Living in Thailand is great. The weather is almost always perfect; the people are super nice to you. Most people are respectful, serene, the food is amazing, and there is always something very interesting going on somewhere.

However, there is one annoying thing that the majority of foreigners living in Thailand have to do every two or three months. That is to leave Thailand….

Most do not leave because they want to. They leave because they have to. It is one of these silly laws by the Thai government that stipulates that unless you are hired by a Thai company and are paid over an “X “ amount of money, are married to Thai person or are just independently rich or own a business, you must leave the country to re-new your visa outside the country. Actually, the law makes perfect sense but it is still annoying to do.

Having freshly arrived back into Thailand after being gone over a month I had to leave Thailand again for the sake of my wife and kid’s visa renewal, which was almost due. They had been in Thailand for just about two months on a tourist visa and now came the time to renew the visa or change it to a “Non-Immigration” visa now that my wife is now employed (this would give her three months in the country).

The country we chose to have our visa renewed was Laos. It is the cheapest and closest country to Bangkok to do this. A trip into the unknown for a wife and three small children can be very stressful so it was decided that I would accompany them there and help with this ordeal even though I did not need to have my visa renewed then. Actually, the whole experience was great! It proved to be a bit of a family holiday and we all loved the capital Vientiane.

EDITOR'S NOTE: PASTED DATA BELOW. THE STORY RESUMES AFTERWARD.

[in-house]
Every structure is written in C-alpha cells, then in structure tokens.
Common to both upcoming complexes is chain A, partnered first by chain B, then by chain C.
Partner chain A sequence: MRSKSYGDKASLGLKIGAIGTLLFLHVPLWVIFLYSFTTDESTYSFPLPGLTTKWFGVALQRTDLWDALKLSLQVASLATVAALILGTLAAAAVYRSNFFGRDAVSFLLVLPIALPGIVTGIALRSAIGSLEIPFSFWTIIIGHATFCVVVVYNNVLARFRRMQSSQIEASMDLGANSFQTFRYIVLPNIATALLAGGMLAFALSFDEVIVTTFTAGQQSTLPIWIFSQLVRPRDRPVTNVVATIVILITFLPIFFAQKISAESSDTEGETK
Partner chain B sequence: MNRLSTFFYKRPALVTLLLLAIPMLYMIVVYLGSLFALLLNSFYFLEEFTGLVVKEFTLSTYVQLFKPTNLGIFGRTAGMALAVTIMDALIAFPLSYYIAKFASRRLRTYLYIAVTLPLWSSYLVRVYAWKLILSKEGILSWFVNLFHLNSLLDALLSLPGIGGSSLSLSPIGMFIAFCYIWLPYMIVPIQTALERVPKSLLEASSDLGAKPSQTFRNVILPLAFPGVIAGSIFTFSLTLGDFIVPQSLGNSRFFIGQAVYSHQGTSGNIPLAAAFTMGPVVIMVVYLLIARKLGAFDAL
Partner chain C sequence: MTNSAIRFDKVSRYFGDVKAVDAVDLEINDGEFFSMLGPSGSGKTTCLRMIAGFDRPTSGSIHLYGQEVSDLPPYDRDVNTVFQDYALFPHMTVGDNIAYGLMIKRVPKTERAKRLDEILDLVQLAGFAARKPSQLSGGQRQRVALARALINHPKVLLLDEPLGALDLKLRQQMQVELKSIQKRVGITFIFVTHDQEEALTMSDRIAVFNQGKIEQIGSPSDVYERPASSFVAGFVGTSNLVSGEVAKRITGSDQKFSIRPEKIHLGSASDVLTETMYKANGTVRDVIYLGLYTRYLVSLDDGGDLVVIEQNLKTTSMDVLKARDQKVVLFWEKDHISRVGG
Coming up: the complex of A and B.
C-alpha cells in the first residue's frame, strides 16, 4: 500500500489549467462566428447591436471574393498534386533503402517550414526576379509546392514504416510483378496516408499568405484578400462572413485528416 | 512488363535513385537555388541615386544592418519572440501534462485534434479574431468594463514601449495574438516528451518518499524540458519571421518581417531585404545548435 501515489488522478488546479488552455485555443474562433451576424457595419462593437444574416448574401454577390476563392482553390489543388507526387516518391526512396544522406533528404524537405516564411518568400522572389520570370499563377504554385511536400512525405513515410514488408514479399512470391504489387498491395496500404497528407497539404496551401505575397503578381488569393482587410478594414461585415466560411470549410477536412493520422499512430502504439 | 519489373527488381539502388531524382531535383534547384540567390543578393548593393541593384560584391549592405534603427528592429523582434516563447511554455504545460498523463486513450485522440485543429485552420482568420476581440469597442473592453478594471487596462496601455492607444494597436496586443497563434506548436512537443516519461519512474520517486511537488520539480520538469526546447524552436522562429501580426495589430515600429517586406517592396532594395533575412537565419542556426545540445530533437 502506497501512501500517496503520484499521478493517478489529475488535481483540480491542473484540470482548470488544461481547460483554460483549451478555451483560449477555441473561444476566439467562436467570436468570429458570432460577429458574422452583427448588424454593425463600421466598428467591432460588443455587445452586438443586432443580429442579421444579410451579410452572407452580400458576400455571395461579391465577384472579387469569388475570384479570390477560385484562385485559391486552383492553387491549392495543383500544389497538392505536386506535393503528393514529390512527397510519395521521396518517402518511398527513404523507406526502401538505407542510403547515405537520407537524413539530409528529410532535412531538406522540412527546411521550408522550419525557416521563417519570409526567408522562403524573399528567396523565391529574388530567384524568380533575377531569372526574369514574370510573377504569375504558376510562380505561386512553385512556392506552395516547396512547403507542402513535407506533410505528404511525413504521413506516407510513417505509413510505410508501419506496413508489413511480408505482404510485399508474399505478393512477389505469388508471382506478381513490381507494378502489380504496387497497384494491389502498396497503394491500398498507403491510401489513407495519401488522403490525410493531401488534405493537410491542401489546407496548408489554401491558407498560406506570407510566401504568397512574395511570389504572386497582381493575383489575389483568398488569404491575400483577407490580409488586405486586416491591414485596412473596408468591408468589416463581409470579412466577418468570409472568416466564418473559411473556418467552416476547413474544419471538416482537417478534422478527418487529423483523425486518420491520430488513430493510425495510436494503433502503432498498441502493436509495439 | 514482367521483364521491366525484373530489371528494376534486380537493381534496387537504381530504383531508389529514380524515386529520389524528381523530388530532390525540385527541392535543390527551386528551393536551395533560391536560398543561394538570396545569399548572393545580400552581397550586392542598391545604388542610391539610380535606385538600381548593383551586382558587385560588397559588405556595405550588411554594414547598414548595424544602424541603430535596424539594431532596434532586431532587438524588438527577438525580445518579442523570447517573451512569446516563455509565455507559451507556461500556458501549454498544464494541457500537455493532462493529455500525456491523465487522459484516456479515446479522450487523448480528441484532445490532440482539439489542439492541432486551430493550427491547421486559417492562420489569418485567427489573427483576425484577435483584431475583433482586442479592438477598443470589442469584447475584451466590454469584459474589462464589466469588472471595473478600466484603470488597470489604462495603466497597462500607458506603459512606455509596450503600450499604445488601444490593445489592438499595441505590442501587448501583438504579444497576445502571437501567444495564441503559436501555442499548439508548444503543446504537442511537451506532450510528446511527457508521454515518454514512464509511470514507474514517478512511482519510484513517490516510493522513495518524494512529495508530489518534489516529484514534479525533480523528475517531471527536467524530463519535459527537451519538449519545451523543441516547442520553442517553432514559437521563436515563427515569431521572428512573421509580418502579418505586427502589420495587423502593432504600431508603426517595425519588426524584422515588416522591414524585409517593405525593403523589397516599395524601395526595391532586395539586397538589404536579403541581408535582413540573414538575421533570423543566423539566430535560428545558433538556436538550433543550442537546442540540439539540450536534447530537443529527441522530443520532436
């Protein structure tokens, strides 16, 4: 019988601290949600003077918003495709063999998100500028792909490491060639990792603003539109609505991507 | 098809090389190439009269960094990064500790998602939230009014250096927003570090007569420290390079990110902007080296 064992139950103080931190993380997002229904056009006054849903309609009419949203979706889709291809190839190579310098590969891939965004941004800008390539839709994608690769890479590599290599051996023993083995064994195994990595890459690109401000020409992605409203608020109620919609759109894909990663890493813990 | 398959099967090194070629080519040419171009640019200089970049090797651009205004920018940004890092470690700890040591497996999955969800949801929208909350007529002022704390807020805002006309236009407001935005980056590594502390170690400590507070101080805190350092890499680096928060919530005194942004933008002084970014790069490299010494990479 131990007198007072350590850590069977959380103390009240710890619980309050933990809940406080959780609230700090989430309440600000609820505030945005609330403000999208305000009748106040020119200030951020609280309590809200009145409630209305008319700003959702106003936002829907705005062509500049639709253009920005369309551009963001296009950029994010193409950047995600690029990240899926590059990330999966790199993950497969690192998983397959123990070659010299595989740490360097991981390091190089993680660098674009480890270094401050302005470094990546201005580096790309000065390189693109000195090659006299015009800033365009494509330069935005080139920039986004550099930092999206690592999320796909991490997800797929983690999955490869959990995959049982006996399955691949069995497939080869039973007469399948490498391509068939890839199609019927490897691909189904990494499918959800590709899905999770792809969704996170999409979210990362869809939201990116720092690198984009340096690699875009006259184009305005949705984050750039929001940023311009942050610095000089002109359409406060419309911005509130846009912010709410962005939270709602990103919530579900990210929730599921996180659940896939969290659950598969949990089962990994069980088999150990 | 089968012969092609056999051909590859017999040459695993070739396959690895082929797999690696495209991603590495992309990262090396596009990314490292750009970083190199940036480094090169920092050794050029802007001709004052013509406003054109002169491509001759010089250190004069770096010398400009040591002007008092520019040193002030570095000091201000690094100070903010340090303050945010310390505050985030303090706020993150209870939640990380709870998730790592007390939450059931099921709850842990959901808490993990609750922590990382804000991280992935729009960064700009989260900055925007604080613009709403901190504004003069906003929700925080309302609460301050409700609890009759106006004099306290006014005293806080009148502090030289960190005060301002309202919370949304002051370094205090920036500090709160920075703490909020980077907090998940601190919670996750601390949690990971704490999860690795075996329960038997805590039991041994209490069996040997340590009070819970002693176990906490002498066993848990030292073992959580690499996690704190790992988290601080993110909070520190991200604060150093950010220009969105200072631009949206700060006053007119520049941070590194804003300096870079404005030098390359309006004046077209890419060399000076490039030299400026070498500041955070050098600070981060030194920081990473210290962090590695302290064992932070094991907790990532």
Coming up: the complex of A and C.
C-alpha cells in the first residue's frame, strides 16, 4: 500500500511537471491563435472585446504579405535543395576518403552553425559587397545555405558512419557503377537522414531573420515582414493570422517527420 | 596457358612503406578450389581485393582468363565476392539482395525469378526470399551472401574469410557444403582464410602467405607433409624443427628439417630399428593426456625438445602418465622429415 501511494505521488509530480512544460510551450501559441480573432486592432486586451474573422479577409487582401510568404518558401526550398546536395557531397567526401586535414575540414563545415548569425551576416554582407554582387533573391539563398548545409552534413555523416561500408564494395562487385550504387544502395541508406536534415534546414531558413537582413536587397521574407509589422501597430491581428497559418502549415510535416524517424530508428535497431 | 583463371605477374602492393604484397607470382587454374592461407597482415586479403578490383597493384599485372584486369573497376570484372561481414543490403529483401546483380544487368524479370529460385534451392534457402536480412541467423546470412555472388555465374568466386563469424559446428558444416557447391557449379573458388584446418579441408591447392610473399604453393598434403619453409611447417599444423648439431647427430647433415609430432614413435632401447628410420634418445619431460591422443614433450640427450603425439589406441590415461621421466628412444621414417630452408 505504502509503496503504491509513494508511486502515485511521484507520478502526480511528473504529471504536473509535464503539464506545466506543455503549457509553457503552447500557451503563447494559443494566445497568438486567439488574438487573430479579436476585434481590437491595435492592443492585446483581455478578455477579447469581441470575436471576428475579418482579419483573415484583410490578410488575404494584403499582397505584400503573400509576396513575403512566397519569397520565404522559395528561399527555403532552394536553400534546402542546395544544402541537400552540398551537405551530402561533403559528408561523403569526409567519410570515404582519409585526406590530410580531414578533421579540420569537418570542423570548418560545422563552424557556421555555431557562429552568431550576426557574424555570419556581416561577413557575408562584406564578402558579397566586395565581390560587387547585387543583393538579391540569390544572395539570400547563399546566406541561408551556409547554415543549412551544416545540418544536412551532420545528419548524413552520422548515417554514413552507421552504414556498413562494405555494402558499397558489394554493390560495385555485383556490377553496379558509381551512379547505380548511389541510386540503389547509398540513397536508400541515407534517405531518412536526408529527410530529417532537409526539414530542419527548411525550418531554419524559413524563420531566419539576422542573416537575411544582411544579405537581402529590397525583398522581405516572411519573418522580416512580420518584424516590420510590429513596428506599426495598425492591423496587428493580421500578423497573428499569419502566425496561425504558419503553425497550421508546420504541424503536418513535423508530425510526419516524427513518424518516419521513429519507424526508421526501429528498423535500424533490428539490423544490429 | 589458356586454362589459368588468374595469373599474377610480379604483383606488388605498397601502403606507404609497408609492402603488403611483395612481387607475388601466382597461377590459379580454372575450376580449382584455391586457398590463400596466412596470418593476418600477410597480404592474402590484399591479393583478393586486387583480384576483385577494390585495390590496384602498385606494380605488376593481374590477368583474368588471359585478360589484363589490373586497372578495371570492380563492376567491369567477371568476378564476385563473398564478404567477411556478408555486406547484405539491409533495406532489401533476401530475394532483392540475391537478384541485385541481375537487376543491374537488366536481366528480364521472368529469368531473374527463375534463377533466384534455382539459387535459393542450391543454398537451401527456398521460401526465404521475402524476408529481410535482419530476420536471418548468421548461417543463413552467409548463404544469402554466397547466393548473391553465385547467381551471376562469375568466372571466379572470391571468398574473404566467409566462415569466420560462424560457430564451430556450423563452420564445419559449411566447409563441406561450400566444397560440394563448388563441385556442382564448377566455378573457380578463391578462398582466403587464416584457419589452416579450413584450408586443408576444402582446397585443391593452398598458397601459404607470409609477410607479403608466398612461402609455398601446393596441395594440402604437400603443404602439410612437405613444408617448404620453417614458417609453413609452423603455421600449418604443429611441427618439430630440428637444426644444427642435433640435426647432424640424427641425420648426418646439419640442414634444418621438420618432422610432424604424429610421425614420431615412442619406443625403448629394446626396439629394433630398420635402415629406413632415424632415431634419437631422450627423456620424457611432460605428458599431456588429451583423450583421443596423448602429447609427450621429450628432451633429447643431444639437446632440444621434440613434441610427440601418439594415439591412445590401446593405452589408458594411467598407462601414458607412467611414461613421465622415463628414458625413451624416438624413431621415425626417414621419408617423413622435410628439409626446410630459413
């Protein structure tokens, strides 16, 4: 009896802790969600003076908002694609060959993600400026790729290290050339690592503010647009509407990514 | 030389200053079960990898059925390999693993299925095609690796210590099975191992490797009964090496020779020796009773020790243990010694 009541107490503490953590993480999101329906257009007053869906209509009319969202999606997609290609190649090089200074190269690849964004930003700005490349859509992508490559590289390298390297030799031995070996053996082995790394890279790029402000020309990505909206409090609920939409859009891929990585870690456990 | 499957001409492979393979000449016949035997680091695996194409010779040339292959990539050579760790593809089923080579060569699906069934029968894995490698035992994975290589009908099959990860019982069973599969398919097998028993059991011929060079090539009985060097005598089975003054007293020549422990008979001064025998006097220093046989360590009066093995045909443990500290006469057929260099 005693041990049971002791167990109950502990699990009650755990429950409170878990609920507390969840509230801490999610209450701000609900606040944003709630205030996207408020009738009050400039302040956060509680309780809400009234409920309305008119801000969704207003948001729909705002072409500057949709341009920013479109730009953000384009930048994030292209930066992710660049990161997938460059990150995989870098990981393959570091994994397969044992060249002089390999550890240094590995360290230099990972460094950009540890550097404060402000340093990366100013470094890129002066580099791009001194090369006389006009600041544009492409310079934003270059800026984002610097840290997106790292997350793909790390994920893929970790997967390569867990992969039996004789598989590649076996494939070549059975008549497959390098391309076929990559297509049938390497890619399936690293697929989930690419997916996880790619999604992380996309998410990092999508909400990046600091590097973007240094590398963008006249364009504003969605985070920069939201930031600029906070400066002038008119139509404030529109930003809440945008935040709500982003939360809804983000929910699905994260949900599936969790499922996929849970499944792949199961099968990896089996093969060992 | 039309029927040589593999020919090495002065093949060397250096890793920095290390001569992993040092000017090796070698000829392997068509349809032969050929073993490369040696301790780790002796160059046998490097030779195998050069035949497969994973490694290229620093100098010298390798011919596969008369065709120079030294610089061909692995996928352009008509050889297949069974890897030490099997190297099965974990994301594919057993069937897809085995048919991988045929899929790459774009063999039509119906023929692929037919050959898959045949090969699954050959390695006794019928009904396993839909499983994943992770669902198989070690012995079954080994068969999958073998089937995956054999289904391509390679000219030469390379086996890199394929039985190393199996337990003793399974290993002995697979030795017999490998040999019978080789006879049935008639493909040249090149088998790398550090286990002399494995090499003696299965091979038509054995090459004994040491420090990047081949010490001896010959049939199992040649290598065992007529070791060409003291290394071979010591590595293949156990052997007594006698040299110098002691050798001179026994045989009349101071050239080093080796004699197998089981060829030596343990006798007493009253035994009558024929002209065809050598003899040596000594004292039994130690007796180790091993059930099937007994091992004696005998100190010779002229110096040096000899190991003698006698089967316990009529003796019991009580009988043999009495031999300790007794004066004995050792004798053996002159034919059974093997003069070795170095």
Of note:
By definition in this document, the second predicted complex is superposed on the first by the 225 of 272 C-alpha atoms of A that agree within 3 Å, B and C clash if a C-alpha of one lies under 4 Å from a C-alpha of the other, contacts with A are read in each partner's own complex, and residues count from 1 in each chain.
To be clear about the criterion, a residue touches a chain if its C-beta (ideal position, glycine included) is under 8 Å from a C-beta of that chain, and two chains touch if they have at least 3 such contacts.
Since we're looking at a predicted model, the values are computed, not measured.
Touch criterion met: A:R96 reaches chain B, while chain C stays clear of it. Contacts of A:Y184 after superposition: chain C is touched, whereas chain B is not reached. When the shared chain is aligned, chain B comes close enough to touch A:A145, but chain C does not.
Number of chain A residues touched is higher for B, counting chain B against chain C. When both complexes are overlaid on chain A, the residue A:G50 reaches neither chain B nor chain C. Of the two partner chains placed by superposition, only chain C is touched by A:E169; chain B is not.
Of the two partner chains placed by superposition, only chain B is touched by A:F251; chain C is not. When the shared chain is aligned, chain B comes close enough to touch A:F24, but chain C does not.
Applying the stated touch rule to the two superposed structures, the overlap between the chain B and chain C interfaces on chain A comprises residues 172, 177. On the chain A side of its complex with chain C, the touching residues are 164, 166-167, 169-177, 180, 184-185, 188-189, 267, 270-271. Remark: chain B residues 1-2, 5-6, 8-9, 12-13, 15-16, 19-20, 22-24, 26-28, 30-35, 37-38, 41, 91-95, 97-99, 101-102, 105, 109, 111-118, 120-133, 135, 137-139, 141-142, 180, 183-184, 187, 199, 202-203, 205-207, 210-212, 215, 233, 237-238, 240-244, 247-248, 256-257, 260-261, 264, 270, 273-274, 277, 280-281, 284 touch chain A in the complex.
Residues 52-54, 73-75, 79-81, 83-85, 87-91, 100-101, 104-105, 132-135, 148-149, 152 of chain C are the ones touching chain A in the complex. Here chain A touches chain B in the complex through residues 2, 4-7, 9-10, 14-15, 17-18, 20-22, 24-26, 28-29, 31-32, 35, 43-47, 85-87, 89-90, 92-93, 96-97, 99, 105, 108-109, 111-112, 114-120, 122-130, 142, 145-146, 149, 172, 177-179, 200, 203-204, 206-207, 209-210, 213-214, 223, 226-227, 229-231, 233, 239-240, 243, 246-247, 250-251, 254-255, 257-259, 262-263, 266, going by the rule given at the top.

We took an overnight train ride to the North Eastern border town of Nong Kai where we went through the border crossing procedures. After applying for a Lao entry visa at the border, paying (US$42 per person…ouch!) and crossing, we all got unto a tuk-tuk and headed to Vientiane.

Not having any idea where to stay the night or where accommodations were located, we ask some locals some good places to stay. One very nice woman who spoke a few words of English was able to direct the tuk-tuk driver to bring us to a general area on the shores of the Mekong River where many guesthouses congregated. Once we go there, we had a place to stay within a few minutes…very convenient!

Vientiane is a wonderful city, a very relaxed, easy going and easy to get around. After submitting passports at the Thai Embassy in Vientiane, we visited a large Buddha park, the morning markets, the Laos equivalent of the “L’Arc de Triumph” and a few of the old French colony neibourhoods.

We met up with John and Libby, our old friends from Tonghua who have moved to Vientiane the previous summer, had a great French dinner, drank wine (it is very cheap in Laos) and learned about Laos’s culture.

by:Dominic Rivard

The fact that you can buy fresh French baguettes, croissant and excellent coffee on mornings anywhere in Vientiane for just a few pennies was a great plus for us. Therefore, after picking up our passports with new Thai visas the next day, we headed back into Thailand and home to Bangkok and we vowed to come back to Laos’s semi regularly. If not for a holiday, certainly for another Thai imposed “Visa Run”…